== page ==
Viewers: in countries Watching now:
The third part of the popular and comprehensive series Photoshop CS6 One-on-One follows industry pro Deke McClelland as he plunges into the inner workings of Adobe Photoshop. He shows how to adjust your color, interface, and performance settings to get the best out of your images and the most out of Photoshop, and explores the power of Smart Objects, Shadows/Highlights, and Curves for making subtle, nondestructive adjustments. The course dives into Camera Raw to experiment with the editing toolset there, and returns to Photoshop to discuss toning, blur, and blend modes. Deke also teaches tried-and-true methods for sharpening details and reducing noise, as well as creating quick and accurate selections with Quick Mask, Color Range, and Refine Edge commands.
The topic of this chapter is blend modes. In case you haven't heard of them before, a blend mode uses some basic math -- plus, times, minus, really easy stuff -- to blend the active layer with the ones below. I know; I'm already making it sound hard, but it's not. You know opacity, right? If you set a layer to, say, 75% opacity, that means you see 75% of it, and 25% of the layers below. So simple. Blend modes just use different formulas.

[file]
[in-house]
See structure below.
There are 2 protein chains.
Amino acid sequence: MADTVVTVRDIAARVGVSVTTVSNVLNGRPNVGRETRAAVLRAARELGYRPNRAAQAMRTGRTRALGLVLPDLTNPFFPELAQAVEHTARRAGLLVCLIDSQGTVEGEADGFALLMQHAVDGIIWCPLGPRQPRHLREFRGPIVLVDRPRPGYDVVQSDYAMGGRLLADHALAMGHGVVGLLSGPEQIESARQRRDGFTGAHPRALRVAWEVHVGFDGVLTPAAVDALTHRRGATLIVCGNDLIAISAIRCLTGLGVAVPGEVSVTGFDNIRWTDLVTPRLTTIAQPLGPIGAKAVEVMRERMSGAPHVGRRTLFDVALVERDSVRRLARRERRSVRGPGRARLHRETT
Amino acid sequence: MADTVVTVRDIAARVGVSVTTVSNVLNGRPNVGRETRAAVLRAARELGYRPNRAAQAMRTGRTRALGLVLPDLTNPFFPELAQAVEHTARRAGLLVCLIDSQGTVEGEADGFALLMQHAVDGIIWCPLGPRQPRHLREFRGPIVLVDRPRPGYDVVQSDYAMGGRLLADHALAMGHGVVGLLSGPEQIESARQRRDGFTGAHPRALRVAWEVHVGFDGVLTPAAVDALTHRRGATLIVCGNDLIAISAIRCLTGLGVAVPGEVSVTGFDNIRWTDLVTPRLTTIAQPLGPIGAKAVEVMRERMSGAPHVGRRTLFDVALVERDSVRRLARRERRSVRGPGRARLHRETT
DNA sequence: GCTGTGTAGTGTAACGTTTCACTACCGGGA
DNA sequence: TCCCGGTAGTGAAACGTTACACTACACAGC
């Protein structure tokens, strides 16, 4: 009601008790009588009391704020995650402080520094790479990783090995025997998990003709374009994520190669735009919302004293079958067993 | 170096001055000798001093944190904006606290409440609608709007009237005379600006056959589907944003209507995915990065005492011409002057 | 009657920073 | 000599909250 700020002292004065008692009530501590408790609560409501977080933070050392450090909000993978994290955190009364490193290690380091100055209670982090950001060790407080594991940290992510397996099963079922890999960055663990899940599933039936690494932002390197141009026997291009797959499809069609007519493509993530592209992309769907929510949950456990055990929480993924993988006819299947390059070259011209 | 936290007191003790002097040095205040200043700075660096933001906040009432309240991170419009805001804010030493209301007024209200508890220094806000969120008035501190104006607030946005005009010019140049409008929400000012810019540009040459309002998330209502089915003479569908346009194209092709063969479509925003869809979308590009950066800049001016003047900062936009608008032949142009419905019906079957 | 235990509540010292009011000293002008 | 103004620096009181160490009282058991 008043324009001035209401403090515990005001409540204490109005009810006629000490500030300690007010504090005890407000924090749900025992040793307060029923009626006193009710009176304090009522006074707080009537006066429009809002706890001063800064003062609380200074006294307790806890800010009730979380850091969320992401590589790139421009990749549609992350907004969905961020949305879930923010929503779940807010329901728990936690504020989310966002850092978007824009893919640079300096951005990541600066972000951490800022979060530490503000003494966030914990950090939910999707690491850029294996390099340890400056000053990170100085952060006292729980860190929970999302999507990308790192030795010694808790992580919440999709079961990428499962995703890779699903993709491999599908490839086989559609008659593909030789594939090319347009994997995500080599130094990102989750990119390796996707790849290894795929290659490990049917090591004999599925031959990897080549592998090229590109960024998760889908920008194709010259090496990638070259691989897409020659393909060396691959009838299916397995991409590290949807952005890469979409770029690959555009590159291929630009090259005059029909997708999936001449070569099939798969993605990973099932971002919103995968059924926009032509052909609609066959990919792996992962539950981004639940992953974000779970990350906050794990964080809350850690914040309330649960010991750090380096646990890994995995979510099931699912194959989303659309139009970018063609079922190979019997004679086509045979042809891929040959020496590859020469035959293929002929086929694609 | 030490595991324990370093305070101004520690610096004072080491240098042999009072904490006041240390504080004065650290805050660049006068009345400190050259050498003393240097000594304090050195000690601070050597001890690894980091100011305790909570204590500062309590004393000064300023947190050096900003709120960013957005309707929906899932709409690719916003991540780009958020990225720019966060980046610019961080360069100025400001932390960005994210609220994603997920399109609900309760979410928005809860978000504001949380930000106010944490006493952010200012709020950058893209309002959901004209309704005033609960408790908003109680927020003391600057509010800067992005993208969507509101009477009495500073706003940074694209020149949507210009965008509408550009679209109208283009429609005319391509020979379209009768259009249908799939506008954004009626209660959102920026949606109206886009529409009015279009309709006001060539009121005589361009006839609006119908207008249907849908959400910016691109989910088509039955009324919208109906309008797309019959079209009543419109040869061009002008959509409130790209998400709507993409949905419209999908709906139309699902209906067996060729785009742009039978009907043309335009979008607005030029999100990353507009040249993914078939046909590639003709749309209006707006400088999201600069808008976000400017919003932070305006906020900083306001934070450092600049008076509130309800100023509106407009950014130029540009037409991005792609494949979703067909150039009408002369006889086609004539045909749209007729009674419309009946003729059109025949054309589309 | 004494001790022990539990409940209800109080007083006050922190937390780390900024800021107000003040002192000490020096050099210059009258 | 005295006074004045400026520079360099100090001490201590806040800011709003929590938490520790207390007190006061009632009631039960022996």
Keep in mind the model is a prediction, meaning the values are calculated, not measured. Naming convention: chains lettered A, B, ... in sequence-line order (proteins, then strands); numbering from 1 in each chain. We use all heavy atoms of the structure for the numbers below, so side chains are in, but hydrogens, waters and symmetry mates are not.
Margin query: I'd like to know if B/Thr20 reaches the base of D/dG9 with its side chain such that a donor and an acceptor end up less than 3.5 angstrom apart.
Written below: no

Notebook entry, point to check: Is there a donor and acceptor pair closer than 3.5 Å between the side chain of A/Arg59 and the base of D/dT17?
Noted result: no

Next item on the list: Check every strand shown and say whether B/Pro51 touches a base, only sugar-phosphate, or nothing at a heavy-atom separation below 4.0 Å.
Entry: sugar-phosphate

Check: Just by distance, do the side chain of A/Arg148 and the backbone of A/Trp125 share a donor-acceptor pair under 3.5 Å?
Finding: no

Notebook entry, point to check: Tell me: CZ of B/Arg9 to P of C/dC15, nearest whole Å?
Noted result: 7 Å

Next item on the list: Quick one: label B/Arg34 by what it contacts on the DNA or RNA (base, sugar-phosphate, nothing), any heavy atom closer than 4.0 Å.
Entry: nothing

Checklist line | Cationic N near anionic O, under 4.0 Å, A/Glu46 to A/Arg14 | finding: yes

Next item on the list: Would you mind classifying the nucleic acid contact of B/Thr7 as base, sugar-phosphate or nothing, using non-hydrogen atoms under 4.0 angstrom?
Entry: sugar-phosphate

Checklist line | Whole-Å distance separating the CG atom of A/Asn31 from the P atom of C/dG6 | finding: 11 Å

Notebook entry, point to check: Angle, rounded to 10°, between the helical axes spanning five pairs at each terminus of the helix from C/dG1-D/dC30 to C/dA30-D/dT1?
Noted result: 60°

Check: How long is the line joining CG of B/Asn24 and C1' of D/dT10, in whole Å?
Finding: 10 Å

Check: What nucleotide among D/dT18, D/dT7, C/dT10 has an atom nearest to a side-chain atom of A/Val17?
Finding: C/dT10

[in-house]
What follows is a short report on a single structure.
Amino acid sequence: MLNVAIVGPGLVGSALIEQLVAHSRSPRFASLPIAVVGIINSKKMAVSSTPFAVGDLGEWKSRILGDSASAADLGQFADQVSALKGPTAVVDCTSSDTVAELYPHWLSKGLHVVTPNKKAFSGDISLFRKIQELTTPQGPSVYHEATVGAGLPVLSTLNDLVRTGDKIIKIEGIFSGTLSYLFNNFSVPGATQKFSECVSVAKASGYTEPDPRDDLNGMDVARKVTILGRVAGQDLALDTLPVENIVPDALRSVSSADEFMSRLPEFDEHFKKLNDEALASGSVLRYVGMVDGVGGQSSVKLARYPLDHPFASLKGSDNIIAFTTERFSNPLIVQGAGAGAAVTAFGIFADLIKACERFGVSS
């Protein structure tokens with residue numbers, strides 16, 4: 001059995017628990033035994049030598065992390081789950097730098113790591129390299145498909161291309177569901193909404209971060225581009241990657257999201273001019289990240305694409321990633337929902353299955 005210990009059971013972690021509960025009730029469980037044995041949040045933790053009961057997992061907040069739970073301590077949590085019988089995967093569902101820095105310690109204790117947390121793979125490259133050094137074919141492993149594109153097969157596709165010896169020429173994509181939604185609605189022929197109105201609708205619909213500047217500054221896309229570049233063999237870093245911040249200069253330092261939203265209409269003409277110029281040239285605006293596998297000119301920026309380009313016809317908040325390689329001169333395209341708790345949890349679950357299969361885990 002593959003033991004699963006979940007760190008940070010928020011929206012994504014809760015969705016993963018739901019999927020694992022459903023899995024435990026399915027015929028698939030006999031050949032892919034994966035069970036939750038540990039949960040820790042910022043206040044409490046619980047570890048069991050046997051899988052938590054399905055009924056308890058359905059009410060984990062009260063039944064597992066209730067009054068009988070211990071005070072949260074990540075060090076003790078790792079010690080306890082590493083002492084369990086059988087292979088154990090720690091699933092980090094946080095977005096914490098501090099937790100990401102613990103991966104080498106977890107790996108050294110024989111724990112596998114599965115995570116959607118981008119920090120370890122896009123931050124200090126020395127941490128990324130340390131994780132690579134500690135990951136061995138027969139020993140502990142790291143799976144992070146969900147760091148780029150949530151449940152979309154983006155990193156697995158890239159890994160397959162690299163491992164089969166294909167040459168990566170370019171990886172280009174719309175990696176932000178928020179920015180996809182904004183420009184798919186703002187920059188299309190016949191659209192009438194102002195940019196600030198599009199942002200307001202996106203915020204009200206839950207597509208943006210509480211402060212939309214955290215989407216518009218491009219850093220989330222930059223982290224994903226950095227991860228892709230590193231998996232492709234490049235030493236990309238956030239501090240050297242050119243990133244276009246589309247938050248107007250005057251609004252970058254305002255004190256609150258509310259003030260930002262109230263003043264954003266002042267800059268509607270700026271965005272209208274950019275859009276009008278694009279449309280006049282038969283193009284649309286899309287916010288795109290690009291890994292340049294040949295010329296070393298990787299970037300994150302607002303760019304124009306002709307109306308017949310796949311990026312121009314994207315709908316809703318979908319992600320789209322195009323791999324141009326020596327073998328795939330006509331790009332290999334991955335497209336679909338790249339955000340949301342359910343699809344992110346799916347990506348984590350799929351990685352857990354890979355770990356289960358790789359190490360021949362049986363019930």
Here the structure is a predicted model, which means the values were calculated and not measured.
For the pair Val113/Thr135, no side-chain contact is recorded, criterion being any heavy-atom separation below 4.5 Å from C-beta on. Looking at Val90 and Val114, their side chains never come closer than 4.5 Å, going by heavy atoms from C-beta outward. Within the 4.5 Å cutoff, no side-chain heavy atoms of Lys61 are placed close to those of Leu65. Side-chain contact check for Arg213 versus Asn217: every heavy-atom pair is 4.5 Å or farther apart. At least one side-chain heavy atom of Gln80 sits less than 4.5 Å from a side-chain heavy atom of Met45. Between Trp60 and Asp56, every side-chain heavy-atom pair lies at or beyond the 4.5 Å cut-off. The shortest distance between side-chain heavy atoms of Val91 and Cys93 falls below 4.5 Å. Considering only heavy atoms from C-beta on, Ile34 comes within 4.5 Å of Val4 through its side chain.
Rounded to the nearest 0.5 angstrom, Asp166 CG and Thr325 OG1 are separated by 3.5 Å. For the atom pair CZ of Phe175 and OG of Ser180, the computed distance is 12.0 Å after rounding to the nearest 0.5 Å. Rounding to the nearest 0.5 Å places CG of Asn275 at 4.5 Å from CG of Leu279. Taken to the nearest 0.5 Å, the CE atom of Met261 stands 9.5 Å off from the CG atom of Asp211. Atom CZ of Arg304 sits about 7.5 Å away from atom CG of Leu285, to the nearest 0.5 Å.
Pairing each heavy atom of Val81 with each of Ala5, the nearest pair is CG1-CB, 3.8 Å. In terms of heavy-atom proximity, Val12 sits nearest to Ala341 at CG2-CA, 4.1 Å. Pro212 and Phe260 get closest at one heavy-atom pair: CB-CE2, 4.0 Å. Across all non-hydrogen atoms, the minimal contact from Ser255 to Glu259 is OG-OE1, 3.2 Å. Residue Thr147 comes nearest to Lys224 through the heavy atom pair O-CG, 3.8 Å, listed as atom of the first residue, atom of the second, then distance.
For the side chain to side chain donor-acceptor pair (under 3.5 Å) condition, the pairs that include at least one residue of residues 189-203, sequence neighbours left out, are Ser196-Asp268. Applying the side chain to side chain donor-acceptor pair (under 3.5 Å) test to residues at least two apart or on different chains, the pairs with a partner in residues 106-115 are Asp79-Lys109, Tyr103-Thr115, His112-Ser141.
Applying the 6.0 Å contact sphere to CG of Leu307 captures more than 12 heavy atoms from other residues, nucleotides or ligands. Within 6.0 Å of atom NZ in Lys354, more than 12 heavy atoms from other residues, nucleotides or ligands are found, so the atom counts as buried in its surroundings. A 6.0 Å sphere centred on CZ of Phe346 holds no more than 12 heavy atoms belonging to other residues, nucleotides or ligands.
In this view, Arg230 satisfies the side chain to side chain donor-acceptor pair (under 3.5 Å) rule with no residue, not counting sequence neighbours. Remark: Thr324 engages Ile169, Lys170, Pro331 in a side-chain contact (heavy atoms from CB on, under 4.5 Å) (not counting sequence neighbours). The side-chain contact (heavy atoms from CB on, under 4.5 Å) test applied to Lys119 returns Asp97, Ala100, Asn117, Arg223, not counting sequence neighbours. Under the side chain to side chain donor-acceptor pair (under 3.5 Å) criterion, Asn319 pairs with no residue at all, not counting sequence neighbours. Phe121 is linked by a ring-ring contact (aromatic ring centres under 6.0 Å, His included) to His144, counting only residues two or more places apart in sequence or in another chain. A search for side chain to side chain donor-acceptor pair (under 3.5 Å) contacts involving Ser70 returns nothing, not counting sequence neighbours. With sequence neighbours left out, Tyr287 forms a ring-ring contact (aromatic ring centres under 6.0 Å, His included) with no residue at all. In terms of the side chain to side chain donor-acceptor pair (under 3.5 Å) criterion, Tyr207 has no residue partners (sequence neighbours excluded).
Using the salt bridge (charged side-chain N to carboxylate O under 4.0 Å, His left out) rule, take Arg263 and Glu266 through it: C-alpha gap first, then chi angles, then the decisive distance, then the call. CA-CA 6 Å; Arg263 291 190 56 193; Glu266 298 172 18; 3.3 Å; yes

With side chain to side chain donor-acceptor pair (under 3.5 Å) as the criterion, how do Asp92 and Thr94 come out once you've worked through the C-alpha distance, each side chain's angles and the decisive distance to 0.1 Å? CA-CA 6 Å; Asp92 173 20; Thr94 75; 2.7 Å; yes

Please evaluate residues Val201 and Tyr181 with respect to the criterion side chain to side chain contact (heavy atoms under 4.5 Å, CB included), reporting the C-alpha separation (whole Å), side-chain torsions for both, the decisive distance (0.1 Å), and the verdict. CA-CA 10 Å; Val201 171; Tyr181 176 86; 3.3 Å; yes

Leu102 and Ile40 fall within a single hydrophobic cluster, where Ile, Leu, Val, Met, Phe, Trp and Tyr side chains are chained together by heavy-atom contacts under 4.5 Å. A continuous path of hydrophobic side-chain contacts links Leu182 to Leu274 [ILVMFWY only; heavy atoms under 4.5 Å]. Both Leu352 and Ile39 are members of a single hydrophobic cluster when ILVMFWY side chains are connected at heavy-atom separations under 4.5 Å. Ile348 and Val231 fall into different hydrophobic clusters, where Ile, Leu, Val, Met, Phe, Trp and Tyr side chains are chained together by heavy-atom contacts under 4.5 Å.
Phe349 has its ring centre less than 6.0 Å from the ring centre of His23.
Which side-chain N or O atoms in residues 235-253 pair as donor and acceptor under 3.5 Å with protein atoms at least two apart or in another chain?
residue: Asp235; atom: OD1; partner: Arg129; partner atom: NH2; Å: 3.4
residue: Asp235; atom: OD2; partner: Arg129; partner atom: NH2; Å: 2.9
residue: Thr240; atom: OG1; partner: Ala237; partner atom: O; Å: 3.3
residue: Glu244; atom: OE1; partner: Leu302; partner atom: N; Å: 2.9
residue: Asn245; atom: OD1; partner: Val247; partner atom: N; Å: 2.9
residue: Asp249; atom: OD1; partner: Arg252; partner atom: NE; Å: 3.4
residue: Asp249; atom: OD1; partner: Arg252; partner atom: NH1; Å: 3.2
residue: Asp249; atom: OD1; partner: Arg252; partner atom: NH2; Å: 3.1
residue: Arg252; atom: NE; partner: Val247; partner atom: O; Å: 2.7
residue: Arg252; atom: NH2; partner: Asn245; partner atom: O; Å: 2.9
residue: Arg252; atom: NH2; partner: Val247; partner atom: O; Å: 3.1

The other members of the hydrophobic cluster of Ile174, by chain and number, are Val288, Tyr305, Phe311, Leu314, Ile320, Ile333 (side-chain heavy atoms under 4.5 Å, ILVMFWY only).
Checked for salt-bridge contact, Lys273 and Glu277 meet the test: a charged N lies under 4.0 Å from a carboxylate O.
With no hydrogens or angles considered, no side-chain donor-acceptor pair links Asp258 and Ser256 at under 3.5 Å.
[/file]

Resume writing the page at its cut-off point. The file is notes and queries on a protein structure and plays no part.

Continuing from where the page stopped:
Let's say that you multiply a layer. That means you take the luminance levels from the active layer, and multiply them by those of the layers below, which means you put this layer on top of this one, set the arm wrestlers to Multiply, and bang! The active layer becomes a transparent overlay resting on top of, and thereby darkening, the layer below. Once you get it, you'll use it all the time. Seriously, you and multiply are going to be best friends in just a few movies.
But don't get too chummy, because you know, there are more than 25 of these things. You don't need to know all of them; maybe a dozen are of any use. But just for safety's sake, I'm going to show you every blend mode there is.
There are currently no FAQs about Photoshop CS6 One-on-One: Advanced.
Access exercise files from a button right under the course name.
Search within course videos and transcripts, and jump right to the results.
Remove icons showing you already watched videos if you want to start over.
Make the video wide, narrow, full-screen, or pop the player out of the page into its own window.